1. I happen to like the fact my neighbor can’t build a bar or service station (or a rooming house, for that matter) next door to me. But my larger point was that the developers are somewhat to blame for the backlash. They are having a major sad because of new regulations, but these could have been predicted. you build new housing types on the down low, people are going to squawk. They took the short term opportunity and lost the longer term opportunity.

          Of course, in most NIMBY-dominated places like Seattle and SF just opening the conversation would have led to an immediate NO, so maybe they were right in building 3000 units and then getting stopped, vs. trying to legitimize them and only building 300.

          1. That’s my point. In all the affluent coastal so-called ‘progressive’ enclaves – NYC, Boston, SF, Seattle, etc. – the only thing you get from a conversation with the ‘community’ is a big fat NO. You could propose a negative space building and you’d still get a no. Better to ram in down their throats until they choke, and then offer to scale it back at the very end, with that being the game plan all along. Ditto for exploiting loopholes. Entitle [it] till the cows come home (or until local city council/B.OS. closes it)

      3. Only SF needs to reinvent the wheel each and every day for the sole purpose of claiming that they did it. Follow Seattle. Learn from mistakes. Listen to wiser heads.

        There is room for tech to grow — we simply have not automated enough. Way more to go.

  9. Gah! Over-regulated SF against capitalism once again. Just stop voting for the monsters from the left on all levels. Yes the GOP is also deplorable but nothing else will stop the over-regulating monster. Nothing else.

  10. SF is a one party city. Is it the time to split Democratic Party into 2 parties? One party can be called Sensible Party, the other can be called Nonsense Party.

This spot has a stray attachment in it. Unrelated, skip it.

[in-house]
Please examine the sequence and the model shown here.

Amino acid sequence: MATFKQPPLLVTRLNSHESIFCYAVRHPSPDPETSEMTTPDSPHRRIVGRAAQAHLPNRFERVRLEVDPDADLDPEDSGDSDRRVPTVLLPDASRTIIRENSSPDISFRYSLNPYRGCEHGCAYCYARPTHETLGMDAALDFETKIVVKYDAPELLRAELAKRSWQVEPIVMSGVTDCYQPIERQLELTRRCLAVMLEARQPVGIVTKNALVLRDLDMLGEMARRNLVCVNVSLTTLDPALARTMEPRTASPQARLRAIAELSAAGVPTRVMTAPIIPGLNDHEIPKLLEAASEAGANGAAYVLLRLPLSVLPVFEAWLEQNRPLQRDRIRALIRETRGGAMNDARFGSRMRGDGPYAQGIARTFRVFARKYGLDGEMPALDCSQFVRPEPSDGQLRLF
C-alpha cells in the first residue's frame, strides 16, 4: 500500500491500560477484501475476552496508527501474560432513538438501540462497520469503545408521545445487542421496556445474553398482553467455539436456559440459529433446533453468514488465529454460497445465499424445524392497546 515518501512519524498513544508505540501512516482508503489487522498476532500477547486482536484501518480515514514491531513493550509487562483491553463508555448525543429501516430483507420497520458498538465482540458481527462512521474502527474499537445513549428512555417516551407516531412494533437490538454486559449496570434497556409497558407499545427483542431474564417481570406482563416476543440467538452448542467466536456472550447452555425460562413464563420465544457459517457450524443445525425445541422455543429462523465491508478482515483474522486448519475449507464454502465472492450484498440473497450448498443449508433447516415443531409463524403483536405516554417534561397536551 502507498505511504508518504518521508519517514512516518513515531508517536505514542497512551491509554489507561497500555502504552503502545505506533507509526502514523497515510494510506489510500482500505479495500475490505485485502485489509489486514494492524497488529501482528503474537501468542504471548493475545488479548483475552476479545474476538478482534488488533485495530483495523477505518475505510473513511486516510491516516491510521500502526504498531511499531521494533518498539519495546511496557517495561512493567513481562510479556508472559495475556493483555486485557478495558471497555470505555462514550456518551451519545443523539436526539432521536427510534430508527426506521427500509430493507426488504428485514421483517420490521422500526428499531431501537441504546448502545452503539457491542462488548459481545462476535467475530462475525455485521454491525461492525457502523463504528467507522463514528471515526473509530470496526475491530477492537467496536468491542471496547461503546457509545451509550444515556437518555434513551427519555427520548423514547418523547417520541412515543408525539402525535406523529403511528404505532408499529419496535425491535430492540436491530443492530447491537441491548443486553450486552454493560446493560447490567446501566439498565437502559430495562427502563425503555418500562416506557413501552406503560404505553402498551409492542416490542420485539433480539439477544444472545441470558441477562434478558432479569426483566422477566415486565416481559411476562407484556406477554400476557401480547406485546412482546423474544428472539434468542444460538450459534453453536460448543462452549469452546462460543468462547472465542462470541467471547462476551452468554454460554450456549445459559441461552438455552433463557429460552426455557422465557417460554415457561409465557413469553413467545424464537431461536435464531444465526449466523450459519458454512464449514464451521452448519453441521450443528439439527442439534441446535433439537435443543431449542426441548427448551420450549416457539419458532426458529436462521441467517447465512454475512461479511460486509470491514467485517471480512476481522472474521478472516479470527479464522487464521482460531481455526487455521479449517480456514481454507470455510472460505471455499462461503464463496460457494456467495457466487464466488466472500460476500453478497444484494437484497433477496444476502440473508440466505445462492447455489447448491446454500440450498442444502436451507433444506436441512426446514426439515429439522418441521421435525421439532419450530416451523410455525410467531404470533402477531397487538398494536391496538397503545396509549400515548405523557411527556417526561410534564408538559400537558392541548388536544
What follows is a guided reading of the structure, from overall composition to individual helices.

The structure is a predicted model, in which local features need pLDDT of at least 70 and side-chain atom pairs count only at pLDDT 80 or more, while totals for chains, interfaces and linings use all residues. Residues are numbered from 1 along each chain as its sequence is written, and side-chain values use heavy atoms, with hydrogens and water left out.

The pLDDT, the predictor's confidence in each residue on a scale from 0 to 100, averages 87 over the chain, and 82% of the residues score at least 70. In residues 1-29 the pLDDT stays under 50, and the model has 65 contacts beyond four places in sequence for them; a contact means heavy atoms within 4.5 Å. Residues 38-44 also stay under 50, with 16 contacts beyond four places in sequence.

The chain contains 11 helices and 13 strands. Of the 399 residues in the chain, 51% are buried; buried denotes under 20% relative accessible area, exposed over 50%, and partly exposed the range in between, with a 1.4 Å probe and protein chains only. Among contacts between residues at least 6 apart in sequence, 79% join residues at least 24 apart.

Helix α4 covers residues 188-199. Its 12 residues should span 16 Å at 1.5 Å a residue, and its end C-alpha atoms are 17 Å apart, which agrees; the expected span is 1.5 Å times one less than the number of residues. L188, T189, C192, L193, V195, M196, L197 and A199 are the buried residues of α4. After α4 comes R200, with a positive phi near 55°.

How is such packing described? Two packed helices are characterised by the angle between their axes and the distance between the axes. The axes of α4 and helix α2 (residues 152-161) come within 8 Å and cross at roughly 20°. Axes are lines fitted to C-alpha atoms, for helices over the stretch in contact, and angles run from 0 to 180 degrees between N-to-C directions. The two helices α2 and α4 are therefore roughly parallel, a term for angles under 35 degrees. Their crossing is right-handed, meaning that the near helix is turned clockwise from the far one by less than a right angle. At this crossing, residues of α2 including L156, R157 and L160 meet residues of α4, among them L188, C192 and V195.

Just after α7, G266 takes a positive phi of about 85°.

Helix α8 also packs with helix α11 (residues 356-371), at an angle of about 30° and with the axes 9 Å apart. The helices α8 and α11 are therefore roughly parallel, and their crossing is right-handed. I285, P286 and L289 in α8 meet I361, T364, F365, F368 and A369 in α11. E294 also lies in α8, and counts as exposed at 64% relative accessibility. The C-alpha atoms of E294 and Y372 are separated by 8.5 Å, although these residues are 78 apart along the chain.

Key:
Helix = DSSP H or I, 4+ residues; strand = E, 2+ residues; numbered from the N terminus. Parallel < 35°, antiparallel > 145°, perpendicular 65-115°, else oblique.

1. I don’t really understand the Democratic split on the national level ie. the whole defeat of the Trade Deal in the House today. So what does the non-Obama side of the Democrats want? Do they mirror the Progressives in SF? 50 Shades of Politics, and I dislike politics.

  11. Yeah, let’s limit these too! Less competition for my rentals, so I’m cool with it. This, and the mission moratorium will do wonders for my bottom line. Thanks Sups, you guys rule! (And I haven’t even given a penny to any campaign, but if the mission moratorium passes I’ll feel obligated to throw a few shekels campos’ way, since he’s lining up my pockets without me even asking 🙂

    1. That is true. We tried to help the less educated see the long term effects of their policies but when they refuse to listen, we can step back and exploit the loopholes. I like it when I have starving contractors competing for my business, not the other way around. Ditto for prospective tenants. Less work and more money for me. I like to go on vacation and relax. Like my late mother said, “sometimes you get more just going with the flow.”

    2. I think what the supes are doing fits pretty well the definition of insanity: “doing the same errors again and again and expecting a different result at every time.

      Restraint of supply is what happens when you add more rules against the market. Then prices go up and the market finds a new way to make money and this leads Supes to feel we need more rules. Rinse, repeat (… profit).

      1. Some people (some supes) are only interested in “Other People Give Me Housing”. In order for other people to hand over free housing to them, their only work is to block everyone else. If you do not give me free housing, I will block all the development.

        I wonder whether there is any possible way to get around the people whose only goal is to block everyone and demand free things from others.

  12. When my neighbors (my primary residence and rental properties) build, renovate, etc. with or without permits, it is a wonderful thing. I applaud them and try to learn something from their business tactic. Their upgrades add to my property value without me spending a dime or doing anything different. It sure beats having a neighbor who simply ages in place while their homes slowly deteriorate contributing to the loss of my curb appeal/property values, leaving me to wonder when they are going to move to a nursing home or kick the bucket.

  13. Terrible idea. Group Housing developments are one way that young people can still afford to live in the City. Well off people are not moving into places with shared kitchens. Unnecessary and destructive regulation.